HALIFAX -- Police officers are donning hazmat suits as they respond to Halifax crime scenes where deadly opioids are suspected, in what's described as an early sign of fentanyl's spread into the city, Halifax's deputy police chief said Monday.

Deputy Chief Bill Moore says forensic unit officers wore the impermeable Tyvek suits, respirators and double gloves on Sunday to examine drugs found in the home of a man who was rushed to hospital after losing consciousness.

Paramedics stabilized the 24-year-old man, who was found in the Dartmouth home at about 2 p.m. He was taken to hospital and his condition was believed to have improved.

"We're looking to see if it's illicit fentanyl or something that contained fentanyl," said Moore in an interview.

"I think it's fair to say we're beginning to see fentanyl seizures in the city and, looking at the trend coming across the country, we suspect fentanyl is in our community now."

The substances are still being examined to determine their precise nature, but Moore says police believe it is some form of the potentially deadly painkiller -- which has already caused overdose deaths in the province over the past year.

Moore said in an interview that because of dangers associated with exposure to fentanyl, officers trained in chemical, biological, radiological and nuclear events collected and stabilized the remaining pills found in the home.

Moore said the roughly 320 front-line officers are now trained to approach unknown drugs with gloves and extreme caution if it is an opioid or in powder form at a crime scene.

There are risks even from touching illicit fentanyl, and ingestion poses deeper threats, he said.

Fentanyl has made headlines as it has become more widely available, and a tidal wave of overdoses has spread east from British Columbia.

People with fentanyl in their systems accounted for nearly 30 per cent of Ontario's fatal opioid overdoses in 2015, based on the most recently available statistics.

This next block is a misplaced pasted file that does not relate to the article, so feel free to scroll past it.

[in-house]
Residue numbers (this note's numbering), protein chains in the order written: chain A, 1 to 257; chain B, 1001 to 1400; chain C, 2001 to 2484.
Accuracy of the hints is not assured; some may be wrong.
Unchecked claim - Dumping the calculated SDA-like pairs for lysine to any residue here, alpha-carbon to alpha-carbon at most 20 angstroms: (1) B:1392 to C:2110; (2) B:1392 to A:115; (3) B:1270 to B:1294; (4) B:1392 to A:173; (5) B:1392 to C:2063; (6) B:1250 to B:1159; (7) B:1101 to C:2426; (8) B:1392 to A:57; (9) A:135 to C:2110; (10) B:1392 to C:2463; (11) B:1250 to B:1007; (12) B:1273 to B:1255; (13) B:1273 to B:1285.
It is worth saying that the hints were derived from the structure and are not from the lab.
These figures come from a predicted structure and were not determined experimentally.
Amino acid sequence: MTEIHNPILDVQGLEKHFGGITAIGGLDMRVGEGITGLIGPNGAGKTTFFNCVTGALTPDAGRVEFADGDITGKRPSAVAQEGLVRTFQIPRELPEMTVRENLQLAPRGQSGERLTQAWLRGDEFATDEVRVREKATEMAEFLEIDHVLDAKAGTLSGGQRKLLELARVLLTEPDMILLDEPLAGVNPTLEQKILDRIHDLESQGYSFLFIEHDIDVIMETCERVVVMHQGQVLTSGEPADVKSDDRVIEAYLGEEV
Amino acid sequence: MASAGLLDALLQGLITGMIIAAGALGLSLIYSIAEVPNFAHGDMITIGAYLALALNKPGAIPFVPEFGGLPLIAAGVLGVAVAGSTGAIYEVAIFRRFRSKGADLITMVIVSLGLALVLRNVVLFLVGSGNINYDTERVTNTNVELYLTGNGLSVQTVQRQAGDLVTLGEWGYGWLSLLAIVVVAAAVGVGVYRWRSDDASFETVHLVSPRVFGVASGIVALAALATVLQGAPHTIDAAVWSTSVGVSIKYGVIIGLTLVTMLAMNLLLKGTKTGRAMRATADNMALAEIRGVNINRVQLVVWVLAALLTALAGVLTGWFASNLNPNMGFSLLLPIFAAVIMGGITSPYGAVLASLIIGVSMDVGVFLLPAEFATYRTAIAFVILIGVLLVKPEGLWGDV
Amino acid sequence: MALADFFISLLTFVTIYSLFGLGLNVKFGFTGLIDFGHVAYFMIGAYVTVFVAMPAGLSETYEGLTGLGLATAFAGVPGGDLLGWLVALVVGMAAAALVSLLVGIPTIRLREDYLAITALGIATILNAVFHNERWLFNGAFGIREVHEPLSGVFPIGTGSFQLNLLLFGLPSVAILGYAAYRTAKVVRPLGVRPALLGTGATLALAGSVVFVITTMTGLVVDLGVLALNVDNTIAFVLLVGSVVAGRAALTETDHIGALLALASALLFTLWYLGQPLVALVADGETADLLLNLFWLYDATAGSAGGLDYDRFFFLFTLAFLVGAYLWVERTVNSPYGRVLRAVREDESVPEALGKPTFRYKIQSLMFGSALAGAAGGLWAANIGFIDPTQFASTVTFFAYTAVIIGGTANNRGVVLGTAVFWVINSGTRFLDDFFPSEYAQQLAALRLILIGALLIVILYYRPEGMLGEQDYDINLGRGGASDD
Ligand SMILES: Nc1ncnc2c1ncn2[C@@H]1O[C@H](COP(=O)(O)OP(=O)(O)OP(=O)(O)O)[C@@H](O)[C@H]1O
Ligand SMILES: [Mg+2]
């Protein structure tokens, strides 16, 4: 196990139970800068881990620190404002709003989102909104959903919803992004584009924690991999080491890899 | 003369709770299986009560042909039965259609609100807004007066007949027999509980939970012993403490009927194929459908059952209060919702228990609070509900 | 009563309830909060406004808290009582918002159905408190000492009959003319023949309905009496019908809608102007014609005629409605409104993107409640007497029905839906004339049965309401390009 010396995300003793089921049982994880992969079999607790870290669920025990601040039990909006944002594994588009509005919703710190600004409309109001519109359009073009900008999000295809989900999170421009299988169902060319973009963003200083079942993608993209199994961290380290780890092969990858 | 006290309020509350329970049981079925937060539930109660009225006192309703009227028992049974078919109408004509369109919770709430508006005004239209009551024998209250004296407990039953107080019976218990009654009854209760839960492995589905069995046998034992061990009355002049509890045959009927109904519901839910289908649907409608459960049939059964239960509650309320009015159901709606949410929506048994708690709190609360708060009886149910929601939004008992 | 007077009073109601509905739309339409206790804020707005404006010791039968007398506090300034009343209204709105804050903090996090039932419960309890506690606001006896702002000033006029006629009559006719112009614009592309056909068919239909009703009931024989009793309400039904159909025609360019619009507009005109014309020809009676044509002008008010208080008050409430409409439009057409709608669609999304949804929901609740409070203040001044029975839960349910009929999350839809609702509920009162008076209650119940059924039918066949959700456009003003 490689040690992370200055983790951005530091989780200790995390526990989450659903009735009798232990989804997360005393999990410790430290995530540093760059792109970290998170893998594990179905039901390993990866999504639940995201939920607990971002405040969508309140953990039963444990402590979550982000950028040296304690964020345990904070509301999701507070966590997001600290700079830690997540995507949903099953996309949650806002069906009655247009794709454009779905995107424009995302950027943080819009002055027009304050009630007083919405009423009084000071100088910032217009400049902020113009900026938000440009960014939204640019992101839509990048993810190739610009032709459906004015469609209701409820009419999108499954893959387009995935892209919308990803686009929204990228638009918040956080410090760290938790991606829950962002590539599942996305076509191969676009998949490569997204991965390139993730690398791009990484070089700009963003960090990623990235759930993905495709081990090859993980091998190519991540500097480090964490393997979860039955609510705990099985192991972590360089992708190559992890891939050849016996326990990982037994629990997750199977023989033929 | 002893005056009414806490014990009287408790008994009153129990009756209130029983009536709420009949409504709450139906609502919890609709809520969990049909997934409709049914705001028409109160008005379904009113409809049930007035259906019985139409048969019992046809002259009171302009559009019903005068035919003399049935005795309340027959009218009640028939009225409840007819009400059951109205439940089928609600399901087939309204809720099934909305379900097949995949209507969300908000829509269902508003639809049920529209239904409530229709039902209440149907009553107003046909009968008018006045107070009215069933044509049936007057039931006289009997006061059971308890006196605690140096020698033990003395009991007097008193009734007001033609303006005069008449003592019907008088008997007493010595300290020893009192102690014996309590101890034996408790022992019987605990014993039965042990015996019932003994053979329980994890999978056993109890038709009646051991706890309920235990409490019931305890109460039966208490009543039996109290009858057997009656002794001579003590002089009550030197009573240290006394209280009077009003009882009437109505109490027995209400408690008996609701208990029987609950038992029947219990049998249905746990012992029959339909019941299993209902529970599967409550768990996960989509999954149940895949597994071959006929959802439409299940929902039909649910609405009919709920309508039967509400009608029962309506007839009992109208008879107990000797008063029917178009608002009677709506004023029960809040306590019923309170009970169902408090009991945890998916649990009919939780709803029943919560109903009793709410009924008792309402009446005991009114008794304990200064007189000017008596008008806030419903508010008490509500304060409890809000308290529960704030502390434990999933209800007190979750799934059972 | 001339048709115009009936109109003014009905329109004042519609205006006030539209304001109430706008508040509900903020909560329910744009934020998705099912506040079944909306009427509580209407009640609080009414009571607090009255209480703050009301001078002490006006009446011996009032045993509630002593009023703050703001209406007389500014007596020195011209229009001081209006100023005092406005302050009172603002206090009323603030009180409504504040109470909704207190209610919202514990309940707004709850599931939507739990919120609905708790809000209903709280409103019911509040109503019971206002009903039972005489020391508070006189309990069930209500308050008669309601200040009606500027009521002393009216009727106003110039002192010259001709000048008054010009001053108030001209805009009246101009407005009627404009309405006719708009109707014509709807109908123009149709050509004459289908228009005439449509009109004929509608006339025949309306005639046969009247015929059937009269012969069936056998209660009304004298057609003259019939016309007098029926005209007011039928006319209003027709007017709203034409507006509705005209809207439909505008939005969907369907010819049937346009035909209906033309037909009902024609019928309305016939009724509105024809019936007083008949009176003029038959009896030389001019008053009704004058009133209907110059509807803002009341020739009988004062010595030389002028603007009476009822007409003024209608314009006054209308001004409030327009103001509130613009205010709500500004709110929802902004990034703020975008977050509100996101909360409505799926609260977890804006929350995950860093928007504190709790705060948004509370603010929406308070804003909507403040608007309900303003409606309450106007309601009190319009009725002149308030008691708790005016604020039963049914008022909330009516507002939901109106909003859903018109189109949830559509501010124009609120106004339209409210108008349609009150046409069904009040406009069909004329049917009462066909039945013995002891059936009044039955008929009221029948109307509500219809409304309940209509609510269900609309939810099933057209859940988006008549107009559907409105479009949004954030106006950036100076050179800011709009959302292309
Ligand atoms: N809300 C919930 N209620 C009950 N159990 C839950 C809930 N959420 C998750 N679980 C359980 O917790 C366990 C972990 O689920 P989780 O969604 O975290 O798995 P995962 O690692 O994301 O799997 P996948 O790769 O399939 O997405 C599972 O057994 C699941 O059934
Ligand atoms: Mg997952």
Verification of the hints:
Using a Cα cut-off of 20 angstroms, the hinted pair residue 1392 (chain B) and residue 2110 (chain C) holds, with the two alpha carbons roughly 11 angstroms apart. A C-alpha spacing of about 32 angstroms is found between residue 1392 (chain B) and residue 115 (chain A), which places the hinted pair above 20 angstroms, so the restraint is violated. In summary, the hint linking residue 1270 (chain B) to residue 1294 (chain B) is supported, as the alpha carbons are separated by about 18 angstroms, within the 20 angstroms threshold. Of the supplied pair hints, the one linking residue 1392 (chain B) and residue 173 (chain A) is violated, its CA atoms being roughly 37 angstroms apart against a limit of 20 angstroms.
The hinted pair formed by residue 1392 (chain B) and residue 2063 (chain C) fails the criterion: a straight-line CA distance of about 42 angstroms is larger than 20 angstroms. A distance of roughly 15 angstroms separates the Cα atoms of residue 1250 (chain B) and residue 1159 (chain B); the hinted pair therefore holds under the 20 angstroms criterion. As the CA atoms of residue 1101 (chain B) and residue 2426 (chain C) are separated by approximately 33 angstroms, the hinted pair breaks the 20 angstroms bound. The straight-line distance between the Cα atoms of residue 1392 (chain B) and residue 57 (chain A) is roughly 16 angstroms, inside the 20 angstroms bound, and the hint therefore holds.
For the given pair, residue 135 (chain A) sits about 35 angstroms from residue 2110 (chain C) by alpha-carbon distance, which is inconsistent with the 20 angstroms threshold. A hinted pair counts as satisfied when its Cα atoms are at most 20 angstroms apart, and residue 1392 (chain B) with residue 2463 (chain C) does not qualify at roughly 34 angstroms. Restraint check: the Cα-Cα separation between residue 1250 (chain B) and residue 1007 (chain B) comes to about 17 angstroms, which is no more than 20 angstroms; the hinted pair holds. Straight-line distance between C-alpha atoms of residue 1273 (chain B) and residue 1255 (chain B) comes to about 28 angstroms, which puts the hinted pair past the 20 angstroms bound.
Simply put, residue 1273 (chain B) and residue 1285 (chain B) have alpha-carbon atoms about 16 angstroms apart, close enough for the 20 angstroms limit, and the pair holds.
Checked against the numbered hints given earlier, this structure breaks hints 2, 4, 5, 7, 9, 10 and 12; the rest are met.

In British Columbia, the government declared a public health emergency in April because of a dramatic increase in overdose deaths in that province -- many involving fentanyl.

The drug depresses brain function, so when someone overdoses they lose energy, eventually drifting into a coma. Their breathing slows until they stop breathing altogether and die.

Moore said a staff sergeant has been assigned to co-ordinate Halifax's response plan, and that officer recently attended a conference that brought together law enforcement and first responders to learn from Alberta's experience with the fentanyl crisis.

Police officers have told to read a memo describing the risks of fentanyl, and inform their superiors the date they viewed it.

A supply of naloxone, a compound that reverses the effects of opioid overdose, is being provided to watch commanders and other supervisors, as well as specialized units to encounter the drug.

"Illicit fentanyl is in our community," says the memo signed by the city's police chief. "I can't stress enough the importance of taking safety precautions to protect yourself from opioid poisoning: always conduct a risk assessment of your surroundings; stay alert to the symptoms of an opioid overdose; and most importantly, seek immediate medical assistance if you develop any symptoms of an overdose."